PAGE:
The Making of Ancient Coins
The very earliest of ancient coins were “cast,” which means that the metal was melted and then poured into molds, where it hardened. While the largest denominations continued to be cast for centuries, by the time the mints at Lydia in modern-day Turkey were making coins about 650 B.C., most coins in most denominations were “struck”—literally. Until the Renaissance, the process of making coins involved striking a die with hammer to stamp the images onto the faces of the coin. Each coin had to be hand-struck, which led to differences even in coins struck by the same hand and the same die. This has created an abundance of coins to interest collectors, who find that no two coins from the ancient world are ever alike. To understand why that is, it helps to understand exactly how those coins were made.
Making the Flans
All ancient coins started with blank discs of metal, called flans. The metal varied with the type and denomination of coin that was being created. The highest values of coins were often minted of gold, usually approaching 95% purity. Those coins had what is called ‘intrinsic’ value, meaning that the value of the metal used in the coin was approximately equivalent to the value of the coin. Other metals that were often used for higher denominations of coins were electrum—an alloy of gold and silver—and orichalcum—an alloy of gold and zinc—as well as silver, copper, and bronze.
Once the metal had been acquired, it had to be shaped into flans of the correct weight and size. One of three methods was used to do this. In the first, molten metal was poured into two-sided clay moulds and then cooled, resulting in blank discs of the right weight. Skilled craftsmen may have been able to skip the moulds and pour out uniform dollops of molten metal onto a flat surface. The third method, which offers the finest control, would have involved pouring a specified weight of granulated metal into a mould, heating it to the melting point, and then cooling it in the mould.
With copper and bronze coins, other methods may have been employed. While gold and silver blanks would have been poured into individual molds, the baser metals were often molded in trays with channels or grooves between the coin shapes to allow the metal to fill the entire mold. Some were cast in long rods of a specific diameter, then sawed or cut apart into a certain number of flat discs the way that a modern baker cuts cookie dough into cookies. The end result was a flat, round piece of metal, ready to be placed in a die.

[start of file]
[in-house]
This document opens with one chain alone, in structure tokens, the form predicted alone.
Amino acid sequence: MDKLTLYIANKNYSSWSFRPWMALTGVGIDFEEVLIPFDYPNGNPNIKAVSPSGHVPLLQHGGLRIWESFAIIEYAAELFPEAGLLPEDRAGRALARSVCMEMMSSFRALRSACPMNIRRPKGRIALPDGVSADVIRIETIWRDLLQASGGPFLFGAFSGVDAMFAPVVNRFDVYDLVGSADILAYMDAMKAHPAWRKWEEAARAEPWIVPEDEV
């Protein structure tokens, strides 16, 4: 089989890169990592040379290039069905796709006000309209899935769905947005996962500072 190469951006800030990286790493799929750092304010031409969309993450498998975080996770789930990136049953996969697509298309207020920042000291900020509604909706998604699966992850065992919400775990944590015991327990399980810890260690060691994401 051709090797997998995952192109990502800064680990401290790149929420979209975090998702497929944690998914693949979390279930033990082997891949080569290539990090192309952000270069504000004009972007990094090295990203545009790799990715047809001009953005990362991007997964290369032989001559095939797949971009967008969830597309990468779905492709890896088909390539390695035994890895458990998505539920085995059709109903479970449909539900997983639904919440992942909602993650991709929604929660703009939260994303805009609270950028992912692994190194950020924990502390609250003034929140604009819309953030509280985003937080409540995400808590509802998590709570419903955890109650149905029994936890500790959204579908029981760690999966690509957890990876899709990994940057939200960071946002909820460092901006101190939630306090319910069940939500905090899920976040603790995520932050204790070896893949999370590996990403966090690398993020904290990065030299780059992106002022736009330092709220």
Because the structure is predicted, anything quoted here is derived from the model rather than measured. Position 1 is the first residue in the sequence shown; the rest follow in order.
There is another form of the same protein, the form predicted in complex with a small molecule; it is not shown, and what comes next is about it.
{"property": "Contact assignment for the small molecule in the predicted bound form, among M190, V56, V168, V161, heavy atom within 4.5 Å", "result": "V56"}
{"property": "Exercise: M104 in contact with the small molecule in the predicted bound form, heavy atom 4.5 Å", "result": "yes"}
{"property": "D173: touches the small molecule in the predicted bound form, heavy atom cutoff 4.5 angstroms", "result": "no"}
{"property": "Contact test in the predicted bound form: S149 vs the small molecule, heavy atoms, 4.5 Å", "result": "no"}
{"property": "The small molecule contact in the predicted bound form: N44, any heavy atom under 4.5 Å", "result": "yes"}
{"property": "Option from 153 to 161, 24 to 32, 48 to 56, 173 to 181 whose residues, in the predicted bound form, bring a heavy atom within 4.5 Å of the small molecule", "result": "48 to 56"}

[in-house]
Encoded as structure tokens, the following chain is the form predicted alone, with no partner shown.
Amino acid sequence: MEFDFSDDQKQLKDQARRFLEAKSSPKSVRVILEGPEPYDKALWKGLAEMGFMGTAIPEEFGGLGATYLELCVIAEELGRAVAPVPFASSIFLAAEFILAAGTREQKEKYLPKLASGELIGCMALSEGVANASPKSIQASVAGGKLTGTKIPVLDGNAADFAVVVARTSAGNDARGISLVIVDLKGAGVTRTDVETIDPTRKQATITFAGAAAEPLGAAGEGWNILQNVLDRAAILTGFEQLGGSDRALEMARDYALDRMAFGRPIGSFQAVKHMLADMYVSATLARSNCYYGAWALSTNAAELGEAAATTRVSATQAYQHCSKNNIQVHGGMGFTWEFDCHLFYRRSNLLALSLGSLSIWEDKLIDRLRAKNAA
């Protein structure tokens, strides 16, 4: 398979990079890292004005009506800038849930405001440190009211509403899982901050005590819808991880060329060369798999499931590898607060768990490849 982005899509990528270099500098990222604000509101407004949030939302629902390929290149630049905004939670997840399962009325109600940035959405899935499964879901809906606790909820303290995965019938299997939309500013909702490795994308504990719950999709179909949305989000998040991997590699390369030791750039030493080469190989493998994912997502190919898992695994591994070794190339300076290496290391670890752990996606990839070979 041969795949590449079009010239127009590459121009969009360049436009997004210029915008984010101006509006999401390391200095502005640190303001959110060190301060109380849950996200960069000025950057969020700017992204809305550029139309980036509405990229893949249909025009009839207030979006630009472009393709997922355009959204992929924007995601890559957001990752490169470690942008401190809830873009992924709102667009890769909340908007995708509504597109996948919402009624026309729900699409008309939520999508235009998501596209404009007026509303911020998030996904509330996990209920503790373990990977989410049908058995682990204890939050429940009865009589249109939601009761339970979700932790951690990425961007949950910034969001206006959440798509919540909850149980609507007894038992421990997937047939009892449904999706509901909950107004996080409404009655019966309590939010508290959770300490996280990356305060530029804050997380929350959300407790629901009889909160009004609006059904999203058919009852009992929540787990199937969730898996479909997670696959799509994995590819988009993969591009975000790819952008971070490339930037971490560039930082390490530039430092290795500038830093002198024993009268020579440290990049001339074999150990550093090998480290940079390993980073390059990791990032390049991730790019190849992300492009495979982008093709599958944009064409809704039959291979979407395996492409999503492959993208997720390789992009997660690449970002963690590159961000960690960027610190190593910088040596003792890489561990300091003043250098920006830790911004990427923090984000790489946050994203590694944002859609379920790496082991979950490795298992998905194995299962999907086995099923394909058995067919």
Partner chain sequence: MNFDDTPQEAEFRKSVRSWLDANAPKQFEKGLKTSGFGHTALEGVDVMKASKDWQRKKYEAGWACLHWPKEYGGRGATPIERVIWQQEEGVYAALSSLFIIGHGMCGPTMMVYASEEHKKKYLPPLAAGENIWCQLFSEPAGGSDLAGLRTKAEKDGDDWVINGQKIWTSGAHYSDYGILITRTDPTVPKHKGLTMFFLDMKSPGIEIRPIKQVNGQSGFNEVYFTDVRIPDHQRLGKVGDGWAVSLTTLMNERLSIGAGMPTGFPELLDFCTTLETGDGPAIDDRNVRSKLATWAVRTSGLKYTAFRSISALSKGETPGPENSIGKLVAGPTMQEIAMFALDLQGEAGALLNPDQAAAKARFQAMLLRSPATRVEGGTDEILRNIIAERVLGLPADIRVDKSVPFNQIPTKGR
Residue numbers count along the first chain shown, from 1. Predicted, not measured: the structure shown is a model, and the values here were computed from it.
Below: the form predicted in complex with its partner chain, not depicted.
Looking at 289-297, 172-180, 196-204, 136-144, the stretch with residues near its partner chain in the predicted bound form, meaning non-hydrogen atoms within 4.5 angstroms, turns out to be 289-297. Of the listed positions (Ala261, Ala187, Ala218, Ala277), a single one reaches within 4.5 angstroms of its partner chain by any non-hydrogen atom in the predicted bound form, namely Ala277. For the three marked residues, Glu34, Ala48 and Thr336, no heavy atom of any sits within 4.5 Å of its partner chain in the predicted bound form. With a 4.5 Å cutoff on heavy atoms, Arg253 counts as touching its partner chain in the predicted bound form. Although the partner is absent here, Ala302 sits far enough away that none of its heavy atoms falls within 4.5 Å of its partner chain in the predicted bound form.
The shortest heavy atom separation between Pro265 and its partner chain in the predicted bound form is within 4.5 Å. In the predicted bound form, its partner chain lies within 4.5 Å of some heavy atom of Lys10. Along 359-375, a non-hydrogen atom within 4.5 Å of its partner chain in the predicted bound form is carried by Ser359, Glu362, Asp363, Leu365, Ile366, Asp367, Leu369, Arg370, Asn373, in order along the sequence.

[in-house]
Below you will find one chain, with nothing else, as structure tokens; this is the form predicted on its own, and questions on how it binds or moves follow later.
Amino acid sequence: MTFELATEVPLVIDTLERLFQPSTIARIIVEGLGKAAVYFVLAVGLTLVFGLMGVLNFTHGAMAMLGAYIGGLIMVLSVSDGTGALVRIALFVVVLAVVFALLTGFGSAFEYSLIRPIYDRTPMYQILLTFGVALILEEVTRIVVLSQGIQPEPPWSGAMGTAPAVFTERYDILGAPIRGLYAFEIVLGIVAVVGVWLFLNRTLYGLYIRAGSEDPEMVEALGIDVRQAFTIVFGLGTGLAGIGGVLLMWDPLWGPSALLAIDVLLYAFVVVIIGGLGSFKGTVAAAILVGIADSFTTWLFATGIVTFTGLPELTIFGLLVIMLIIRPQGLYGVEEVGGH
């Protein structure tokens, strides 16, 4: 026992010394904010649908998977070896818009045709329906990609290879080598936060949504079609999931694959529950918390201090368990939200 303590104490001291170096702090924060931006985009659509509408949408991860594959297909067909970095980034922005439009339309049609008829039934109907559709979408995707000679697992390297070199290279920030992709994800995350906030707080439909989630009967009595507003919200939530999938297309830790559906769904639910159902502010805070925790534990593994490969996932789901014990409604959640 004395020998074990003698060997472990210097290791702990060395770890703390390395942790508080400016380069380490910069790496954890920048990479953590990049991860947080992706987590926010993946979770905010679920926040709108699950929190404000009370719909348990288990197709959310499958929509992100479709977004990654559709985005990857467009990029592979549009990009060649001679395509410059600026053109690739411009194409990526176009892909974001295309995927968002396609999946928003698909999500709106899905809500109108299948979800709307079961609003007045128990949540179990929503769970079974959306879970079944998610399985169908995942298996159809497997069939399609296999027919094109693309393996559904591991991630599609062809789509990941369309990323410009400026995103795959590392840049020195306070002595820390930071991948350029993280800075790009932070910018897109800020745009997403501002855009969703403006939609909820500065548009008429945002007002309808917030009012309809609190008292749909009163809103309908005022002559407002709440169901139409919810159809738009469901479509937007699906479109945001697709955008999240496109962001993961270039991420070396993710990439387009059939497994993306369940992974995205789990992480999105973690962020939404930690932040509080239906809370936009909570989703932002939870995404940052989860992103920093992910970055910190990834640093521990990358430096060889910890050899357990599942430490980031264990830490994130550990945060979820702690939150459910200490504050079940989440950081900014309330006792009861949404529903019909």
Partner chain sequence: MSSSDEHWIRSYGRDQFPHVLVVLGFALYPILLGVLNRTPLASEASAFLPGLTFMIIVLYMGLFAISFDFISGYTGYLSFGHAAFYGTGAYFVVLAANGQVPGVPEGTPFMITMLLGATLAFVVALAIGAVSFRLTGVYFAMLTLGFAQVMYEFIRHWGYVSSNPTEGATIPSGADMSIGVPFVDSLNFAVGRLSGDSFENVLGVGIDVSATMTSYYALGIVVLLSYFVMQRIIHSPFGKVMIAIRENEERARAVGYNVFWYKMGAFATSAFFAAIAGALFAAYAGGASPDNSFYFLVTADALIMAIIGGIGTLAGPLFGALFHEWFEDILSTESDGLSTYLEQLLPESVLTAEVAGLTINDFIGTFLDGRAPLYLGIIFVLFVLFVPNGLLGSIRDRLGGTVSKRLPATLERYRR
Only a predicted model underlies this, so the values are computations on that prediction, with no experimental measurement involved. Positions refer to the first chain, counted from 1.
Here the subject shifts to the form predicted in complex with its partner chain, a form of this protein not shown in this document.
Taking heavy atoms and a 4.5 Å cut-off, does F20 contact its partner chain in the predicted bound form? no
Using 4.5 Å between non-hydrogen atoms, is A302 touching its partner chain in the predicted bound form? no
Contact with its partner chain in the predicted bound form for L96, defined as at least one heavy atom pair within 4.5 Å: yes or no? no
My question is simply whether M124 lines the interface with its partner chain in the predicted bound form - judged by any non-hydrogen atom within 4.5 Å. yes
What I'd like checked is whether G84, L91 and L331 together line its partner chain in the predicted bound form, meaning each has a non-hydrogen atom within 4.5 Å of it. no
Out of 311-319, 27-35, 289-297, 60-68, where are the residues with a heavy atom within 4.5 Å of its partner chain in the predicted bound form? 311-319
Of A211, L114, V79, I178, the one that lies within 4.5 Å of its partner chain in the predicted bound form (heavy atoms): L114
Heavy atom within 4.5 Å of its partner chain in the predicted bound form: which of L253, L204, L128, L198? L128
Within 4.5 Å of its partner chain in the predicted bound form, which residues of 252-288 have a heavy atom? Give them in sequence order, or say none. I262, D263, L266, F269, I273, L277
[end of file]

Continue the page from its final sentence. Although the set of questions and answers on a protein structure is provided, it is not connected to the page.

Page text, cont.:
Preparing the Die
The die used to strike ancient coins was most often made of metal—most commonly bronze hardened with tin, though iron was used sometimes. The image that was to appear on the coin face was engraved into the die, in reverse—both negative and mirror image. There were two dies used: the first, for the obverse (front) of the coin, was inset into an anvil. The flan was placed on top of this die. The second die, bearing the image for the rear of the coin, was typically engraved into the bottom of a chisel or pyramid-shaped rod. This was centered on the flan, already in place on the obverse die, and then struck with a hammer. The force of the hammer blow would impress the designs from the two dies on the front and back of the flan, creating a coin.
Striking the Coin
While it’s possible for one person to manage the entire process for striking coins alone, most coins were created by teams of three or more people working together. In engravings and listings of workers for the time, it seems that the process in a mint might go like this: One person would bring the flan from the furnace, where it was heating in preparation for being struck, and position it on the die. A second person would hold the upper die in place, while a third wielded the hammer and struck the coin. The final person would remove the struck coin from the mould just in time for person number one to drop another flan into place. Working in this way, they may have made as many as one coin every three seconds. On a busy day in one of the Imperial Roman mints, there would have been several anvils active at once, churning out thousands of coins a day.